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Michael Gove storms studios of 'biased' C4 with his own film crew to demand a chance to repr

Michael Gove (pictured) said the other party leaders blocked him from taking part in the debate on climate change last night

Downing Street and Channel 4 are at war this morning after Boris Johnson snubbed an election debate and the broadcaster decided to replace him with an ice sculpture.

The Tories sent Michael Gove, the minister for the Cabinet Office and a former environment secretary, to represent them but Channel 4 insisted the event was for party leaders only and turned him away.

The broadcaster's decision to effectively ban the Conservative Party from the debate prompted Tory fury as Mr Johnson's team wrote to the broadcasting watchdog Ofcom to make a formal complaint.


Mr Johnson's head of communications Lee Cain said in the letter that the decision was 'unfair' and was part of a 'wider pattern of bias' after a Channel 4 executive used a speech in the summer to claim the PM is a 'known liar'.

A Tory spokesman then accused Channel 4 of 'conspiring with Jeremy Corbyn' to stop voters from hearing the Conservatives' plan for how to tackle the climate emergency.

Meanwhile, Tory sources said that if they win a majority at the election on December 12 then Channel 4 will face a formal review of its public service broadcasting obligations.

Mr Johnson said this morning that he did not bother to watch the event as he said he had 'done plenty of debates' and the Tories had 'made it clear ages ago we weren’t going to do that one'.

Asked specifically about the ice sculpture stunt, Mr Johnson suggested it had backfired.

‘I didn’t see the debate but it is notable that people have talked more about that than any of the substance that came out of the debate and I think that is a shame,' he said.

He also distanced himself from the suggestion Channel 4 could face a review as he told LBC radio: ‘I want a free, fair, objective, dynamic, exuberant, unbridled media. I think that a free press is one of the glories of our country and I want to protect it and enshrine it.’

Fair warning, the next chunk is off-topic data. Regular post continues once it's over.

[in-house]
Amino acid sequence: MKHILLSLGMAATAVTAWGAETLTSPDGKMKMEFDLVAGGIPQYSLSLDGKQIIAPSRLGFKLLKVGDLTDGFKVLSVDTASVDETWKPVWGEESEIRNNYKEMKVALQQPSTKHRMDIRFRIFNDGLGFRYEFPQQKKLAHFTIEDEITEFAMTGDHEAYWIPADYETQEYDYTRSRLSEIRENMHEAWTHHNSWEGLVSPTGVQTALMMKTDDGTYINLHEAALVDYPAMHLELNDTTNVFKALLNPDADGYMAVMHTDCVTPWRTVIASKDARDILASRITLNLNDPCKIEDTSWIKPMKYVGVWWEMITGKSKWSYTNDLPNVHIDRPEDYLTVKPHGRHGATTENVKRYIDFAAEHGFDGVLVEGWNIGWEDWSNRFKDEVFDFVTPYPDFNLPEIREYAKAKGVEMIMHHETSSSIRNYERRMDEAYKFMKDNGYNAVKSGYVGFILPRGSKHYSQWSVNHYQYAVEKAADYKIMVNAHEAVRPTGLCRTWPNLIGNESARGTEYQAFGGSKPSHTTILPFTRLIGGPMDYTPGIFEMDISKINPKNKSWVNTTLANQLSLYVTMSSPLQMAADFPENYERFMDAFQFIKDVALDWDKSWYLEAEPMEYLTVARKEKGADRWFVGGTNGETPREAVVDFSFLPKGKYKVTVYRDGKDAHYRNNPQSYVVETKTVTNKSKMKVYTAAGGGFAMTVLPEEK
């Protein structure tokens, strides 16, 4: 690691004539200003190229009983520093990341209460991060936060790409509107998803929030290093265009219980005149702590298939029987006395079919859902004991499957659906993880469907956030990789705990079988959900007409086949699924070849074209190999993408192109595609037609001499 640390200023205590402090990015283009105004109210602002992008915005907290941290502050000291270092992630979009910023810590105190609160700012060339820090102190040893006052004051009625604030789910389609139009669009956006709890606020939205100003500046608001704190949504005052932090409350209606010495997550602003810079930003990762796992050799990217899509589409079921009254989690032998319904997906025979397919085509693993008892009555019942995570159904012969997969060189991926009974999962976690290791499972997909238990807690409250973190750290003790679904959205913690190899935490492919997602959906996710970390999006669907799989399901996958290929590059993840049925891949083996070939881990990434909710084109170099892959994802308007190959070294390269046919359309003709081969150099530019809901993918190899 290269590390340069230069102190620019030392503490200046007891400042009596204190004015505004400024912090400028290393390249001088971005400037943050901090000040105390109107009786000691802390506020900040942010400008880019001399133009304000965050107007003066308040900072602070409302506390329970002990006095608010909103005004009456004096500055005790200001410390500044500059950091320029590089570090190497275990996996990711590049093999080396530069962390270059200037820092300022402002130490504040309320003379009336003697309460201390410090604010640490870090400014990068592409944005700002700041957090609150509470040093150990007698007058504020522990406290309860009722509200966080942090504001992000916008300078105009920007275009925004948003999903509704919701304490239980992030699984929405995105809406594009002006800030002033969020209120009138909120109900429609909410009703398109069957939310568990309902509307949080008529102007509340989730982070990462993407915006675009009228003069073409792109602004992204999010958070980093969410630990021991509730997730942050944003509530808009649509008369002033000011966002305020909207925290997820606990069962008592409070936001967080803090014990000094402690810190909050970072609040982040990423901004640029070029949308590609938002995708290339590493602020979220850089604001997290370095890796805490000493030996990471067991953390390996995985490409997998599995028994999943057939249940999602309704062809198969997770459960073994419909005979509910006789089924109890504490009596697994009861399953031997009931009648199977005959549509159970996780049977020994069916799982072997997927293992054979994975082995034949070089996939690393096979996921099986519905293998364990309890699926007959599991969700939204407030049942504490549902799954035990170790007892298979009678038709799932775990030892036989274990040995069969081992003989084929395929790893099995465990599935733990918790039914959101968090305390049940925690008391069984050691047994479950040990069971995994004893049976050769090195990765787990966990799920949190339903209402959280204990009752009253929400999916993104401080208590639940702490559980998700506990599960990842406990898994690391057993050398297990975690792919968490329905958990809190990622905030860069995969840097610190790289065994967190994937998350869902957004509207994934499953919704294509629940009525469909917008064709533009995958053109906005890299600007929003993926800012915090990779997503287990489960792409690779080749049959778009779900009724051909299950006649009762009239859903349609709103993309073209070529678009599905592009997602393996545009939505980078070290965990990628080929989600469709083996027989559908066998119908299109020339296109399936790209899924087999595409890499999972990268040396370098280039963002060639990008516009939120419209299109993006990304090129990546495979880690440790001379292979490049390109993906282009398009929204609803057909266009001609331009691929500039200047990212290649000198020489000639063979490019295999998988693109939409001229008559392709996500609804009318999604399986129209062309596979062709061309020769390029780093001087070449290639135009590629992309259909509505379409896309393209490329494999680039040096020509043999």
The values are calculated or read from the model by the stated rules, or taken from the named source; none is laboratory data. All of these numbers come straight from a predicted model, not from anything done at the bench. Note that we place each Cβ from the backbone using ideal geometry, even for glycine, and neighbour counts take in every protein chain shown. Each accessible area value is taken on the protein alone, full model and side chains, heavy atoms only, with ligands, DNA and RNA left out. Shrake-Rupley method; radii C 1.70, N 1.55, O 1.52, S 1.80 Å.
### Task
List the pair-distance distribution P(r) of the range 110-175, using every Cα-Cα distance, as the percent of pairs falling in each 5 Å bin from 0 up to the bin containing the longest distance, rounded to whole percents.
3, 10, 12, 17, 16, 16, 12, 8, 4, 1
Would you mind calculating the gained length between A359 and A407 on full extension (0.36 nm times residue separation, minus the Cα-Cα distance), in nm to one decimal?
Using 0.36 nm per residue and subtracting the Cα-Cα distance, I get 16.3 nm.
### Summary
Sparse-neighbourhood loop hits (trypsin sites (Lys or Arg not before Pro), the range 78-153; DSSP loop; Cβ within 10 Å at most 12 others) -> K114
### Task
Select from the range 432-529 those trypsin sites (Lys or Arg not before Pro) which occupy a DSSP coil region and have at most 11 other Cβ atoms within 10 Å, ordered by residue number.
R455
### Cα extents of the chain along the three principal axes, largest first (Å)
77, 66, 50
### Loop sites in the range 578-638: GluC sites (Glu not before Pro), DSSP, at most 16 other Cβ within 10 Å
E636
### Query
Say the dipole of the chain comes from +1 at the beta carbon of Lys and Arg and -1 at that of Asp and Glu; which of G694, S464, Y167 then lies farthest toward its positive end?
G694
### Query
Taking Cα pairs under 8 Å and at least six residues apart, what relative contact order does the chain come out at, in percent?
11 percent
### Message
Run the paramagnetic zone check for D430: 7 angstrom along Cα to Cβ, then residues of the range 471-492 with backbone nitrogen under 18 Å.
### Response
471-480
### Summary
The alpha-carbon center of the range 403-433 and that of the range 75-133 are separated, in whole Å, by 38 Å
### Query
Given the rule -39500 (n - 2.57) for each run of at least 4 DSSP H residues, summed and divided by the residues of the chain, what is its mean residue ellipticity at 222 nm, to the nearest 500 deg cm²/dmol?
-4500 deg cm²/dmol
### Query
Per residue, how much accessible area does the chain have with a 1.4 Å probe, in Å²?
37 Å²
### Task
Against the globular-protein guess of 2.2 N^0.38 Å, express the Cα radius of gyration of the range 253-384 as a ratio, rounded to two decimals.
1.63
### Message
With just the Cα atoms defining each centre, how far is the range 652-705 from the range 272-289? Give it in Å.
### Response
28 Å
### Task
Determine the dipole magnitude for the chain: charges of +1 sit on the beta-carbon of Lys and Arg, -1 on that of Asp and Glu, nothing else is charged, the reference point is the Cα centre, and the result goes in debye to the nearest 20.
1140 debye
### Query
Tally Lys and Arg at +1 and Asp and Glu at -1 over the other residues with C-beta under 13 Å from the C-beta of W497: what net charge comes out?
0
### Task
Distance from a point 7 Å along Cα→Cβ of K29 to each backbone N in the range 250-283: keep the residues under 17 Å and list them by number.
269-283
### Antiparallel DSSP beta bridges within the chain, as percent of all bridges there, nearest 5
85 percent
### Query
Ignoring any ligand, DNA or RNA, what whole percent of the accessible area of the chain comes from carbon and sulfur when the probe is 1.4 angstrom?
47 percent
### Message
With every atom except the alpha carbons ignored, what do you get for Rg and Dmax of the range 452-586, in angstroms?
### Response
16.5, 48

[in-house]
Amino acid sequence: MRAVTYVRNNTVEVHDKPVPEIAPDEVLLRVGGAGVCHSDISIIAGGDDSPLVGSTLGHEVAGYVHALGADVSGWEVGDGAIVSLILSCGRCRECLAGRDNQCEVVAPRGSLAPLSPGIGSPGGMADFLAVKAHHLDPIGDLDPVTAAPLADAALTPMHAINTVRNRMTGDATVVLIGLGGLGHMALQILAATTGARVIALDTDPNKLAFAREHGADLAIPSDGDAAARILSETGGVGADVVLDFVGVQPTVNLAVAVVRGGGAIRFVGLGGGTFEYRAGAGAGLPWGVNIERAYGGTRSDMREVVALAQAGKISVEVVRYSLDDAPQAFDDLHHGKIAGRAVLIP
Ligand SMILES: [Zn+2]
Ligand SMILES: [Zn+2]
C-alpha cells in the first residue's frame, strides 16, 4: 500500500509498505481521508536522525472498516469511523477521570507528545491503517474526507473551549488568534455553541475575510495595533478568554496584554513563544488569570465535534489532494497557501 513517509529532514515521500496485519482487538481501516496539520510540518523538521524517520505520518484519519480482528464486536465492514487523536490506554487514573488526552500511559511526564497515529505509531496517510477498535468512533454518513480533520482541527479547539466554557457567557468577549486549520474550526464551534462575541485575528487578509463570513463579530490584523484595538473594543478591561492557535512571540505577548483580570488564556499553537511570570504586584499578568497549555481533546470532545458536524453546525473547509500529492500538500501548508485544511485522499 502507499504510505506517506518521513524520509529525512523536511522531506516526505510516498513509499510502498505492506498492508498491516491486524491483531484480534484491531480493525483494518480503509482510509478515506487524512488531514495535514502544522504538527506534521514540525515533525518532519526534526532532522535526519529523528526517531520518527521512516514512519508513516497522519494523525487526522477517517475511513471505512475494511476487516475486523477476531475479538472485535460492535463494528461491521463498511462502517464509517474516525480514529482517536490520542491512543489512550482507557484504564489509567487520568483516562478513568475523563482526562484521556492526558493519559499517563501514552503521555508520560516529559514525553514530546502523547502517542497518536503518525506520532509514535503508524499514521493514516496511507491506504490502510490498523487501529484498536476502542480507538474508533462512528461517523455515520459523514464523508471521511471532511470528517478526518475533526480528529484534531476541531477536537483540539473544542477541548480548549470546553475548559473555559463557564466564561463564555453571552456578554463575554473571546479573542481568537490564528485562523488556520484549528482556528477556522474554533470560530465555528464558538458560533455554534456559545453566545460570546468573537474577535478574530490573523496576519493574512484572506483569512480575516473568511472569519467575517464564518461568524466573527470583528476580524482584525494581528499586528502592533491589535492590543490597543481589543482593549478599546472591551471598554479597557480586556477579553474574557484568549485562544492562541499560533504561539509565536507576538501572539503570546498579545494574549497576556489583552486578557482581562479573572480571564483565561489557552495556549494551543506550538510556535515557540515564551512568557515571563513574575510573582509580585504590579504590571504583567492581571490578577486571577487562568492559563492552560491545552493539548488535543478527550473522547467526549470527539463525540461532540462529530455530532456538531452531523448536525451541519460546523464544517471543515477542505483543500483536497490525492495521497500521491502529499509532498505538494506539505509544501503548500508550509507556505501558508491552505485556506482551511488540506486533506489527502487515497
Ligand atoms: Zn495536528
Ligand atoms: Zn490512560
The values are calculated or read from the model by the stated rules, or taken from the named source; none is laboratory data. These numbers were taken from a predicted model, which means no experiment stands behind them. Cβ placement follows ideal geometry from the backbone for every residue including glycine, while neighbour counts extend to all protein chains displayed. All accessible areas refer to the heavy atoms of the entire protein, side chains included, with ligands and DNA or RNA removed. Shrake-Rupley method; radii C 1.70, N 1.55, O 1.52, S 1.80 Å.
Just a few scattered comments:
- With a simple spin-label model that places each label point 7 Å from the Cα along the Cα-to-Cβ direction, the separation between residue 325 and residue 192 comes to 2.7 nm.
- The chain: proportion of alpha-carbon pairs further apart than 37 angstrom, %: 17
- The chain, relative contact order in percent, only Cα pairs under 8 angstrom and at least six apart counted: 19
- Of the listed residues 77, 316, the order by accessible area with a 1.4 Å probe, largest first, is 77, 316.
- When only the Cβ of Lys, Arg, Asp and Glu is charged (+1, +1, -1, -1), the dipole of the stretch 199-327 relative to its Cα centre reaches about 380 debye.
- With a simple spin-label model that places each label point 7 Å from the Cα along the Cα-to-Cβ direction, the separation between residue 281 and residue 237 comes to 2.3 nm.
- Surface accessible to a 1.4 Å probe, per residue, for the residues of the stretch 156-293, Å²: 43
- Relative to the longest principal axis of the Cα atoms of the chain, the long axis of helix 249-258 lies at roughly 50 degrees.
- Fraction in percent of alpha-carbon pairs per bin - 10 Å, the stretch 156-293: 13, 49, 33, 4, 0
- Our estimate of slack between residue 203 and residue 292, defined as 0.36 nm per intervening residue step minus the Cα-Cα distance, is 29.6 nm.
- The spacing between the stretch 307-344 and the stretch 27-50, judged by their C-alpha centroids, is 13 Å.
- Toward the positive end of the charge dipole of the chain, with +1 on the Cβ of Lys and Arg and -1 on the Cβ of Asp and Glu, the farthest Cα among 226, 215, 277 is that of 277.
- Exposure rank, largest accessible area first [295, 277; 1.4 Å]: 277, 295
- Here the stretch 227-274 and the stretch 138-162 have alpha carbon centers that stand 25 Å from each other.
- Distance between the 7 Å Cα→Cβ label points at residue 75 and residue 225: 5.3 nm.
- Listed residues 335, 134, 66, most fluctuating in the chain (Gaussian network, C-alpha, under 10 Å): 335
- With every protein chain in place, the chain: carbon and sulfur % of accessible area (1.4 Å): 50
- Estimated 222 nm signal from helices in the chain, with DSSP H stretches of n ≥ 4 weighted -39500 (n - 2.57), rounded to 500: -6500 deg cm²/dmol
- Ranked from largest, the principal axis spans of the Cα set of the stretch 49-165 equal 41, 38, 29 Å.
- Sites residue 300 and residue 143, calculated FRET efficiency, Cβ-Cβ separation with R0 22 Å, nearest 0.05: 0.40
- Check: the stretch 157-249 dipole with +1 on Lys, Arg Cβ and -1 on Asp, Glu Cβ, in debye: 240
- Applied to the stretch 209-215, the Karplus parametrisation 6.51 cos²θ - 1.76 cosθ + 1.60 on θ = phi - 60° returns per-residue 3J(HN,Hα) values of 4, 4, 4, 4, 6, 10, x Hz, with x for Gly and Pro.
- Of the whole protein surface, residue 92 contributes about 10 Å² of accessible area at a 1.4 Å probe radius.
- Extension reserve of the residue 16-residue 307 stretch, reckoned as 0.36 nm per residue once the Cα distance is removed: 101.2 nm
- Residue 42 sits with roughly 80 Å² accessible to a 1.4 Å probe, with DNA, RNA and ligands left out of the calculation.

Boris Johnson, pictured during an appearance on LBC this morning, is at war with Channel 4

Channel 4 refused to let Mr Gove take part and replaced Mr Johnson with an ice sculpture for the duration of the debate

A pair of ice sculptures were placed on stage by Channel 4 - one for Mr Johnson and one for Nigel Farage who also snubbed the event

Mr Johnson had refused to take part in last night's debate because SNP leader Nicola Sturgeon was participating.

The Prime Minister has been adamant he will not debate Ms Sturgeon because she is not standing to be an MP at the election.

Five party leaders did take part in the showdown: Mr Corbyn, Ms Sturgeon, Liberal Democrat leader Jo Swinson, Plaid Cumru leader Adam Price and co-leader of the Greens Sian Berry.

Mr Gove arrived at Channel 4's studios to try to talk his way into the debate but his pleas were rejected.

The broadcaster then went ahead with the event, replacing Mr Johnson and Nigel Farage, who also snubbed the debate, on stage with a pair of ice sculptures which flanked the other leaders.

The way in which Channel 4 has behaved in relation to last night's event has left the Tories spitting venom.

A Conservative Party source told the Telegraph: 'If we are re-elected we will have to review Channel 4's public service broadcasting obligations.

'Any review would of course look at whether its remit should be better focused so it is serving the public in the best way possible.'

A Tory spokesman claimed after the debate that the broadcaster was working hand in hand with Labour to prevent the Conservative Party from having its say.

The spokesman said: 'We are deeply disappointed that Channel 4 News has conspired with Jeremy Corbyn to block the Conservatives from making the case for tackling climate change.'

The Tories had tried to force Channel 4 to change its mind by submitting a formal complaint to Ofcom just before the broadcast went live.

In the letter, Tory communications chief Mr Cain said the ice sculptures were a 'provocative partisan stunt'.

'It would be detrimental to the public interest and news reporting by public service broadcasters if such a wide spectrum of speaking and debate events could not take place, purely because of arbitrary requirements by broadcasters insisting on specific individuals attending,' he wrote.

'This is part of a wider pattern of bias by Channel 4 in recent months. It follows Dorothy Byrne, Channel 4's head of news and current affairs, making highly personal and unpleasant attacks on the Prime Minister at the Edinburgh Television Festival in August.

'I would be grateful if Ofcom could consider this matter with due urgency.'

Mr Cain also said it was 'unfair' to exclude the Tories because TV debates in the past have featured party representatives who were not leaders.

Via Daily Mail

My view: I think Michael Gove succeeded in diverting attention away from Jeremy Corbyn. It's strange that Gove tried to force his way into the debate to represent Boris Johnson who chickened out and who Gove himself described during the Tory Leadership contest as being "not capable" of running the country.

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